Humane dispatch survey

FISH welfare is becoming an important topic for anglers in many parts of the world. In some cases, this has been for the wrong reasons, such as in Europe where some countries have imposed legislation banning popular fishing practices (including voluntary catch and release), supposedly based on fish welfare grounds.

In Australia, the recreational fishing industry has demonstrated an ongoing commitment to improvement of fish welfare outcomes through its funding and support of many environmental initiatives that aim to protect and restore water quality and fish habitat.

Australia has also been a world leader in developing recreational fishing initiatives that improve welfare outcomes for fish, such as the National Strategy for the Survival of Released Line Caught Fish, the NEATFish environmental standard for fishing tournaments and the National Code of Practice for Recreational and Sport Fishing.

This trend is continuing through a new project funded by the Federal Government through the Australian Animal Welfare Strategy. The project aims to develop resources that promote best practice in the humane dispatch of finfish caught by recreational anglers.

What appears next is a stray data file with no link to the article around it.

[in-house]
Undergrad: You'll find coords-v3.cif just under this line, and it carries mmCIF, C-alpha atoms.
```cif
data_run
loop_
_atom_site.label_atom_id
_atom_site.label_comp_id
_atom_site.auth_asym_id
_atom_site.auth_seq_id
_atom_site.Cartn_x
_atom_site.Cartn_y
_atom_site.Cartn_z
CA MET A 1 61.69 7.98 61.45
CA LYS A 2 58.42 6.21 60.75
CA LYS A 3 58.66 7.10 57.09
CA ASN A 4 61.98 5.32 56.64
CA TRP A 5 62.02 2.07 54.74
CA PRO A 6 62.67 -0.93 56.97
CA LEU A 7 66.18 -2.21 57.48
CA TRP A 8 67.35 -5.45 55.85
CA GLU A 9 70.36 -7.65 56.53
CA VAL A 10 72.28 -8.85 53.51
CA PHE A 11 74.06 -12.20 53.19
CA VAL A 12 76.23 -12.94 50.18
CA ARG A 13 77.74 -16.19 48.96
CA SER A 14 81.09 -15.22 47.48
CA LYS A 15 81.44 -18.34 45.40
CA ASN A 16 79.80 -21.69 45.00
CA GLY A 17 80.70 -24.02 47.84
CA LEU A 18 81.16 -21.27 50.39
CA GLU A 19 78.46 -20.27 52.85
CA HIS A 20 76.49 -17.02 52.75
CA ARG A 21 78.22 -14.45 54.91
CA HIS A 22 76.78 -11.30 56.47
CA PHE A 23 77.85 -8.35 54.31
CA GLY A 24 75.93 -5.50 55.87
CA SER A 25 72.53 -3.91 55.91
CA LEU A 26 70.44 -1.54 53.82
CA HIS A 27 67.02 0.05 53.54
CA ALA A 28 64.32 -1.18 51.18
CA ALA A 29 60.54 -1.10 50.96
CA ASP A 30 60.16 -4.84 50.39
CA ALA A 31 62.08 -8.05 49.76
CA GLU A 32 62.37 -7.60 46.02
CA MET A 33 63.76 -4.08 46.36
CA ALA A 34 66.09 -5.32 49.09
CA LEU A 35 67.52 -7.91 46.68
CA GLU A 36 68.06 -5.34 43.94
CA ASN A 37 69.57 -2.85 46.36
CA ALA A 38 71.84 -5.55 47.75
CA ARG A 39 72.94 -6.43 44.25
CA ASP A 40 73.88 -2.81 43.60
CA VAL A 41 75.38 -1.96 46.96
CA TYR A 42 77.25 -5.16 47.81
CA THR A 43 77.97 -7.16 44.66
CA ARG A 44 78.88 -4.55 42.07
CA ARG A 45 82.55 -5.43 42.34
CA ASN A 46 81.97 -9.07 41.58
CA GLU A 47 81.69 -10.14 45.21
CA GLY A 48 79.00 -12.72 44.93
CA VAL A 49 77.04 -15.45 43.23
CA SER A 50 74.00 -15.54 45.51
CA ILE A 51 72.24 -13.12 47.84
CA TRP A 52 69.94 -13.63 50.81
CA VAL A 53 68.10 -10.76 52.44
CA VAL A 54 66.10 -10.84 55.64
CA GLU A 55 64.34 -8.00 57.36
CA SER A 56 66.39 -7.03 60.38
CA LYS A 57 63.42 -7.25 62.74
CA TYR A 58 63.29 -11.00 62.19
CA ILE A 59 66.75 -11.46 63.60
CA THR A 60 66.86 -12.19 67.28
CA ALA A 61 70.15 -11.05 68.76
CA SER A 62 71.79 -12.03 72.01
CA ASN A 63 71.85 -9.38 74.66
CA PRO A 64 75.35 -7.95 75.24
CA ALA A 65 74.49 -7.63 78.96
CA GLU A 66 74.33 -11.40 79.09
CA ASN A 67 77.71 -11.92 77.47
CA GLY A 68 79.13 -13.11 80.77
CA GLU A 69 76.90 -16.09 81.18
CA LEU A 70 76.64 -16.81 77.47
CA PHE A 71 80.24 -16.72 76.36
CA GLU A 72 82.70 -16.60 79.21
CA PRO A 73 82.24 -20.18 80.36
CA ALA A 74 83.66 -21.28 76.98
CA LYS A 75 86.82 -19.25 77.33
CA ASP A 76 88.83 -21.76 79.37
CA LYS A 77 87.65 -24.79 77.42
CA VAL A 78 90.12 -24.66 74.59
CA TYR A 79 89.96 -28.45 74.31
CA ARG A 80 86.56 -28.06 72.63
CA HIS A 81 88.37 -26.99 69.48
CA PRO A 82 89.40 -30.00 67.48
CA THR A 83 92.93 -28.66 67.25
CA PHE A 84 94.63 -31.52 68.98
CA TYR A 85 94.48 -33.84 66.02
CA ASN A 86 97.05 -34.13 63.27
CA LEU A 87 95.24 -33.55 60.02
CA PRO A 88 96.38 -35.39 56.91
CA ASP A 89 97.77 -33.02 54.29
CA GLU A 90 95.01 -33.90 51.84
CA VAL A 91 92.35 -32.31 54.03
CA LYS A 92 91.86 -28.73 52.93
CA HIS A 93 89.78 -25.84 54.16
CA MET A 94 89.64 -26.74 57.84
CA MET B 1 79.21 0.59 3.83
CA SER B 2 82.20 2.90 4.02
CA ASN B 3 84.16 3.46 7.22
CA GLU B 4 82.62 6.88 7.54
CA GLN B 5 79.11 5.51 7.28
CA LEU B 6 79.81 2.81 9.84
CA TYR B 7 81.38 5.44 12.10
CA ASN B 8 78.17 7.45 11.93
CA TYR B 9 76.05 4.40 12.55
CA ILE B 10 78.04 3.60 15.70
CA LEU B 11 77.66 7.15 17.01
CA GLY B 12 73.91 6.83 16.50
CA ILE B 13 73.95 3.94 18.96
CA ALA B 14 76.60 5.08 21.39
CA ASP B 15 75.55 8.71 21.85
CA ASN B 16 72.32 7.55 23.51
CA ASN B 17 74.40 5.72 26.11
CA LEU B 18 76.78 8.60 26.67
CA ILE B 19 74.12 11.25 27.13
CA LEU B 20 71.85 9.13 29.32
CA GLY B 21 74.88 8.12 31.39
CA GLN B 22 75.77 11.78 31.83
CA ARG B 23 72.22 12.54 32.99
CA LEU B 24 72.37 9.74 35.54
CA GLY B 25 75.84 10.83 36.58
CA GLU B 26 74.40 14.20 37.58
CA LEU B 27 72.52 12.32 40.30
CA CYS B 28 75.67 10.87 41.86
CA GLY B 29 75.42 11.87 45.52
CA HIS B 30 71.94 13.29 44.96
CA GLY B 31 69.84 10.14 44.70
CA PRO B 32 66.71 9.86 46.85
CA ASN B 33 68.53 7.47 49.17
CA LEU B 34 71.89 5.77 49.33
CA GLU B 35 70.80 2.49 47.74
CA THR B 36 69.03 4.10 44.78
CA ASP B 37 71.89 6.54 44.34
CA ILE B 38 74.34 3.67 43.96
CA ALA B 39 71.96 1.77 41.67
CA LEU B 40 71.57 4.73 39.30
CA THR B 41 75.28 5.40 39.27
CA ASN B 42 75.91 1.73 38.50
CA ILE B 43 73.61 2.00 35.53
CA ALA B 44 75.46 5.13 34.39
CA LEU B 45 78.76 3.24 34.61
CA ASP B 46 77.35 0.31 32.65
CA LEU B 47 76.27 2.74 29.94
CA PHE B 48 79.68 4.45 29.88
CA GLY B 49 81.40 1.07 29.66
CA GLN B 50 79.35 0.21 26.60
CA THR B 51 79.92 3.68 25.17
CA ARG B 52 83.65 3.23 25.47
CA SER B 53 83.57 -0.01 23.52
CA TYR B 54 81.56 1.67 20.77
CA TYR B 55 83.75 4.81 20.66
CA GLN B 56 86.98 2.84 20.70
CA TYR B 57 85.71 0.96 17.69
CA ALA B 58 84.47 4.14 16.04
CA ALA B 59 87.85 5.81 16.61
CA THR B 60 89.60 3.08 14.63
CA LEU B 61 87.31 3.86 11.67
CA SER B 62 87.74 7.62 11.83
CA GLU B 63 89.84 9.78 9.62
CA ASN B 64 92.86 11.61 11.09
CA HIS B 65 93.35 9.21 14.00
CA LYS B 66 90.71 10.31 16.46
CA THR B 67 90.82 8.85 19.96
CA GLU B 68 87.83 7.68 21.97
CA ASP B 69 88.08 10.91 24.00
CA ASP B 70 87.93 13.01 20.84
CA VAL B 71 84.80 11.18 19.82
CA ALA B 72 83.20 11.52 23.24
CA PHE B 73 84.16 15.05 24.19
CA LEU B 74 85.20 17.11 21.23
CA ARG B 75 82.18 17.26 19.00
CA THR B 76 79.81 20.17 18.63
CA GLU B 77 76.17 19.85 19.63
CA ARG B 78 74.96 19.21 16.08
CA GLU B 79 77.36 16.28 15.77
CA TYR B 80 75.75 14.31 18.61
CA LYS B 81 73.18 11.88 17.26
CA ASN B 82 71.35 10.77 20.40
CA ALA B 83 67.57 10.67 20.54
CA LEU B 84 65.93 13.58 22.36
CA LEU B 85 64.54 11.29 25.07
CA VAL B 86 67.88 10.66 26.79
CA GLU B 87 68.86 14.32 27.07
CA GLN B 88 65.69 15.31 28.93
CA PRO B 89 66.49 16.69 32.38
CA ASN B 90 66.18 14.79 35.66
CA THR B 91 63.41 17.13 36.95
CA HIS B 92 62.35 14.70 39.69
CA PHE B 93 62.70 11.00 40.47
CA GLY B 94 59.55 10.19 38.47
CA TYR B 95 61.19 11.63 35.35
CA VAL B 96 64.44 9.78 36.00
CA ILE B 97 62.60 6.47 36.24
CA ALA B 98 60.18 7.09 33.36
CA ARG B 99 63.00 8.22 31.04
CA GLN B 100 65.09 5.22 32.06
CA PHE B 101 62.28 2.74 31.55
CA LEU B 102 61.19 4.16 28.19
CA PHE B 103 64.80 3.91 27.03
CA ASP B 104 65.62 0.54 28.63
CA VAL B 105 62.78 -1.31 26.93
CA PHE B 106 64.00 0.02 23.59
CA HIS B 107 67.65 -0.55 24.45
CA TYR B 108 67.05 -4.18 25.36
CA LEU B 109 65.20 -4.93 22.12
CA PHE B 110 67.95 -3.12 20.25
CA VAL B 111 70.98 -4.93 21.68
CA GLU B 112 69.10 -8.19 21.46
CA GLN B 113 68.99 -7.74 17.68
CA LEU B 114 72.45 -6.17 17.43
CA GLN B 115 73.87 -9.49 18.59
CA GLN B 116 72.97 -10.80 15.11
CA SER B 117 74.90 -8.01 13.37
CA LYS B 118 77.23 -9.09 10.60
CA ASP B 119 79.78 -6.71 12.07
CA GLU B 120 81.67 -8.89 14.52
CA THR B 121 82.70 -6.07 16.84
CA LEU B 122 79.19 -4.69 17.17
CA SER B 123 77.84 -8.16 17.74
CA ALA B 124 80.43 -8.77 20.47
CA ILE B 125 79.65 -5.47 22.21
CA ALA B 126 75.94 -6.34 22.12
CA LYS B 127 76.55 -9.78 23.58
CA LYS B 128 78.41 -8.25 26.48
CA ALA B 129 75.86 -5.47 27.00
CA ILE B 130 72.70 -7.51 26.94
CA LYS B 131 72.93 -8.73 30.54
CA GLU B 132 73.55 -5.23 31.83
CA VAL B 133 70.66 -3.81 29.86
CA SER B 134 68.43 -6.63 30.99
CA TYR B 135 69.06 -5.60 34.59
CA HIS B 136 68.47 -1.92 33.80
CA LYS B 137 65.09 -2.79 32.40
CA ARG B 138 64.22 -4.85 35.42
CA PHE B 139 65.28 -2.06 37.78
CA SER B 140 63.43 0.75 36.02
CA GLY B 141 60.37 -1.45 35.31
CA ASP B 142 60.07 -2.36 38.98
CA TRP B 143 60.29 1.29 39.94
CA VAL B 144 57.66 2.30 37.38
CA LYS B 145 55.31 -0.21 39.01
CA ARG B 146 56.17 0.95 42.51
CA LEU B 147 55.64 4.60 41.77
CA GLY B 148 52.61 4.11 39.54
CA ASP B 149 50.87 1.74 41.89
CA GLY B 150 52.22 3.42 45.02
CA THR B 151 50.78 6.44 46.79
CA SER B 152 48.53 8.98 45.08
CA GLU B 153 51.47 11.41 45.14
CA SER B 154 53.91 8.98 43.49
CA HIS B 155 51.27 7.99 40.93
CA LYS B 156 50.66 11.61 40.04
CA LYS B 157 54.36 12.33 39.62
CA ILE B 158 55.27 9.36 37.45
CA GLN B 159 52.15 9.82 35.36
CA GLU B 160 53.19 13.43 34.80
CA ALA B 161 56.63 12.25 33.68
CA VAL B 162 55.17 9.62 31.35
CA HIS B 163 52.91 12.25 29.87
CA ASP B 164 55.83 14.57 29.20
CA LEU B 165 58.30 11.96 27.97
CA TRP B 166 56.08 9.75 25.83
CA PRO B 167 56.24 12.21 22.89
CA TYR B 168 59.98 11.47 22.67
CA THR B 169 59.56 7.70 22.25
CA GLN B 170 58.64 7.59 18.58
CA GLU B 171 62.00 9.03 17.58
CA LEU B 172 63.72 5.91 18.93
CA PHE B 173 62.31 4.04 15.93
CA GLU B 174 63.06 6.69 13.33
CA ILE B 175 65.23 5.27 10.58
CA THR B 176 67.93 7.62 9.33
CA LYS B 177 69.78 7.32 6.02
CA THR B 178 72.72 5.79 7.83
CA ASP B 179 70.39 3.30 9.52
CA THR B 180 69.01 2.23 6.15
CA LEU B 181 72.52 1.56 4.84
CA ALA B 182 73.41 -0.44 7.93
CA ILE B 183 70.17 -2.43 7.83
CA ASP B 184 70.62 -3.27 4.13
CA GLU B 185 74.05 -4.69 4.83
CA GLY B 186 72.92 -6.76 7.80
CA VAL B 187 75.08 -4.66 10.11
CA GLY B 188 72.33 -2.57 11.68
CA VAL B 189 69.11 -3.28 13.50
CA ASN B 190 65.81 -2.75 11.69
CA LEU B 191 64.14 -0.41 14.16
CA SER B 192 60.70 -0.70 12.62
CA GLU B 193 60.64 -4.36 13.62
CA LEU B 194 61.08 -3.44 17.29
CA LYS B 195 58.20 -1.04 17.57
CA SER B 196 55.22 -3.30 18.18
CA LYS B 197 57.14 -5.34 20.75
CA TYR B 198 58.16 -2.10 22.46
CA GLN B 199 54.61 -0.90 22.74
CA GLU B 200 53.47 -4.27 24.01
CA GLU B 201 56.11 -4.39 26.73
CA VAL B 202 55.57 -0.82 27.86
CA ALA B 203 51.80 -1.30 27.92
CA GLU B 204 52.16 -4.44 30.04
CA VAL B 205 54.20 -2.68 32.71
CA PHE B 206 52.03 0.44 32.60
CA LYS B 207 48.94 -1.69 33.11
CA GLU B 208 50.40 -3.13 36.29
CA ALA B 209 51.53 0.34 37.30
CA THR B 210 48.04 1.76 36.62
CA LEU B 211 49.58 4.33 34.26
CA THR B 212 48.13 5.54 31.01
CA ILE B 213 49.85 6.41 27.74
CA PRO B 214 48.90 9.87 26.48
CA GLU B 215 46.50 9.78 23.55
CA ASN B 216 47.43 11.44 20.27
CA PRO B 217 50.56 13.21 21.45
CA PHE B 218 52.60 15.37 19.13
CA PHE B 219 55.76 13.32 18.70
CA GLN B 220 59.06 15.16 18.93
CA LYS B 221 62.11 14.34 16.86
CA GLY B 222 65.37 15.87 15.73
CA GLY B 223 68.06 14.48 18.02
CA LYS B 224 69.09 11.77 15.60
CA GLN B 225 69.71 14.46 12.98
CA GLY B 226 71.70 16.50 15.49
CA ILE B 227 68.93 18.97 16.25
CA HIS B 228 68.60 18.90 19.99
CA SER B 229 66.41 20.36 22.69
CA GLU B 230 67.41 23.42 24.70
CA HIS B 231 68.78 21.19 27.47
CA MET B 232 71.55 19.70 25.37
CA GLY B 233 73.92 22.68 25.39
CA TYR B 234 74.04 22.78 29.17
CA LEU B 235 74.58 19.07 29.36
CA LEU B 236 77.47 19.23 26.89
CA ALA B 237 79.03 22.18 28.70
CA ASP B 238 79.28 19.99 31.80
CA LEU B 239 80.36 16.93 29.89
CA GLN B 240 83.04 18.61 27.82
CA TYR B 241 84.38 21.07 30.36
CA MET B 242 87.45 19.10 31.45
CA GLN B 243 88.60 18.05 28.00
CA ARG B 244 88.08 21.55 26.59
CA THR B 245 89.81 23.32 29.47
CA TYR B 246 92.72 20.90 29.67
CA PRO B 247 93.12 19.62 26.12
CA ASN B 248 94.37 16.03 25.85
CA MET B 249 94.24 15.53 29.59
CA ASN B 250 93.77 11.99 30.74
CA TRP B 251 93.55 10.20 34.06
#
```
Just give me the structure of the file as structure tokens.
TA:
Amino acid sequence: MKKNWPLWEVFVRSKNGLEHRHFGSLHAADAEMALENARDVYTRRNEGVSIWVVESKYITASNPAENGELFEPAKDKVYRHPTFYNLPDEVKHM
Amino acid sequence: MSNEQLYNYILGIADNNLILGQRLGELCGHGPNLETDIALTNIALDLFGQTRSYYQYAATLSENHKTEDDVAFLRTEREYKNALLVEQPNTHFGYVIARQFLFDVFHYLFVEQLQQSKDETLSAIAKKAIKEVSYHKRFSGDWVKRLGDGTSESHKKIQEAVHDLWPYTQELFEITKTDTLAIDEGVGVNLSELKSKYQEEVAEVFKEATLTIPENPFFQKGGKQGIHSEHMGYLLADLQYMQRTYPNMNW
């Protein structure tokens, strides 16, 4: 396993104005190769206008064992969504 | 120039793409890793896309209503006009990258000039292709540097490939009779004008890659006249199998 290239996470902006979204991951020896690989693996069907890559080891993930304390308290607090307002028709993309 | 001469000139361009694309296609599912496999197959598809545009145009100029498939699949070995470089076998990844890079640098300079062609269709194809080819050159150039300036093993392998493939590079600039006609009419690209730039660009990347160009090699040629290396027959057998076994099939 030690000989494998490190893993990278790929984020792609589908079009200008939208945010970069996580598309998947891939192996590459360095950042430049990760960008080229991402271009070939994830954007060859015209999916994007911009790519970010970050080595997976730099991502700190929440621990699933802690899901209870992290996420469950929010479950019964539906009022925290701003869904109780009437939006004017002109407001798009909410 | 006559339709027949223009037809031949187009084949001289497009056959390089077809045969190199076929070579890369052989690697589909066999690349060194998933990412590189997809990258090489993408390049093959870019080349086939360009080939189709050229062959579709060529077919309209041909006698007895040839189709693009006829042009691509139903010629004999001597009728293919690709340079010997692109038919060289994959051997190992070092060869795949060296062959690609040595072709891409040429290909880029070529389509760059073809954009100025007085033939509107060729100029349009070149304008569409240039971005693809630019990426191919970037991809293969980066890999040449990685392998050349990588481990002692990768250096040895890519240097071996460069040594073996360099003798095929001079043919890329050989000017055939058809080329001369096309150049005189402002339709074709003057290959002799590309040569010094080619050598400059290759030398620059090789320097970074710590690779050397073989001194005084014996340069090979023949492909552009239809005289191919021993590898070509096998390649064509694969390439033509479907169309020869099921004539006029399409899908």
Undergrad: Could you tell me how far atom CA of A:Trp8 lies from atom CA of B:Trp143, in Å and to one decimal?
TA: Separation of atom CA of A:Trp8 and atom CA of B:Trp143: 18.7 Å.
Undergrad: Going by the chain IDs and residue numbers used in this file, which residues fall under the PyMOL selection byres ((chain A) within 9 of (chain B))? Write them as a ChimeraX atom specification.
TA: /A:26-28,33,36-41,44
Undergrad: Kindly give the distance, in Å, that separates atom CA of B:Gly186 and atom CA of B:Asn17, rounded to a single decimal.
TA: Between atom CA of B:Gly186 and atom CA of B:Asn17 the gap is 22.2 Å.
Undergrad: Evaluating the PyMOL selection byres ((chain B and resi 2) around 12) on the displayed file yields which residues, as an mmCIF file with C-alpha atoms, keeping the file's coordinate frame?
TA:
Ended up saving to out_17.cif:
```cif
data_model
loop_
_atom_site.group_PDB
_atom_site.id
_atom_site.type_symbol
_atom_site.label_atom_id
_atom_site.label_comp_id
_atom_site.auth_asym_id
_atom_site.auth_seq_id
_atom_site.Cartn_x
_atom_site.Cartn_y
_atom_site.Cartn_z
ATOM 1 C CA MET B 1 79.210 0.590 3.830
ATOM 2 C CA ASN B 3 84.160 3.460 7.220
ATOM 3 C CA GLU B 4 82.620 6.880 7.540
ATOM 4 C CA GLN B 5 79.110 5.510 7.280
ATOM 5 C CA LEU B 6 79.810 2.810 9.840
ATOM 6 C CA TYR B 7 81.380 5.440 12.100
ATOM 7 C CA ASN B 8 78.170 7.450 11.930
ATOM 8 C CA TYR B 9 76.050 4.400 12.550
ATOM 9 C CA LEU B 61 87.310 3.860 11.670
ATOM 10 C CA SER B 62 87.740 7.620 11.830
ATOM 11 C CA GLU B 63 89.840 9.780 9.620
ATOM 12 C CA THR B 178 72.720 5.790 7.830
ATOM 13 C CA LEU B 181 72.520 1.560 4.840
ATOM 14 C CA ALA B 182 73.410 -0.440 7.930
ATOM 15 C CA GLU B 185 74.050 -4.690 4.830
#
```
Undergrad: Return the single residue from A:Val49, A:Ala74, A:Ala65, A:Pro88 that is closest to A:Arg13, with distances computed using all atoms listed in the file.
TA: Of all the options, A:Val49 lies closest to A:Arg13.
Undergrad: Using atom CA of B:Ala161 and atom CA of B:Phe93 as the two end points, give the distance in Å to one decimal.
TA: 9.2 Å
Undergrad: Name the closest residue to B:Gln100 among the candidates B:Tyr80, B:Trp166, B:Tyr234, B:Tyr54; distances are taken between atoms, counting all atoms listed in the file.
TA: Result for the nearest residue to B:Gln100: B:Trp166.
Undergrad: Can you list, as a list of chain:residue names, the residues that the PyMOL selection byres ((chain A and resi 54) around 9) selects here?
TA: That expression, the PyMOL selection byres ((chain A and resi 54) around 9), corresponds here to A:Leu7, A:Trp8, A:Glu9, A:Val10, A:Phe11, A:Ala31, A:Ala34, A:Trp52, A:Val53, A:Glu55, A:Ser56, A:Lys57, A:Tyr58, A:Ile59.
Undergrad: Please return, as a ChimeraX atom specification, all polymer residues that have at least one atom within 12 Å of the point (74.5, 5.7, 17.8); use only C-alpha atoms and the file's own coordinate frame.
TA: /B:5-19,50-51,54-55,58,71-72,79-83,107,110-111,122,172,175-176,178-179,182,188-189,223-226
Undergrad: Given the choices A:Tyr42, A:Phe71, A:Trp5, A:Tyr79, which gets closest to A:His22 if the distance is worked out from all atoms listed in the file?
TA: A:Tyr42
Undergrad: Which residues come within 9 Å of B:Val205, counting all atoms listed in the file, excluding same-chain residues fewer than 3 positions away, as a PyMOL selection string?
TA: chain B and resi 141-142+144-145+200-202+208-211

Dr Ben Diggles is the project manager. He points out that the National Code of Practice already encourages anglers to “dispatch fish immediately with a firm tap on the head with a suitable blunt object or by pithing”. But whether this advice is heeded remains unknown, which is why this project aims to not only gather information on how Aussie anglers currently dispatch their fish, but will also develop resources which will provide “how to” information for recreational anglers to improve their confidence to use best practice procedures for humane killing of fish.

One method which will receive attention is promotion of brain spiking (also known as pithing or iki jime), a method of humane killing which also results in other benefits including improved flesh quality and longer shelf life.

Keep an eye out for more information from this project over the next few months on the fisho website. Also, we ask that readers take the time to fill out the reader survey below on which killing methods you currently use for the fish you take for the table.

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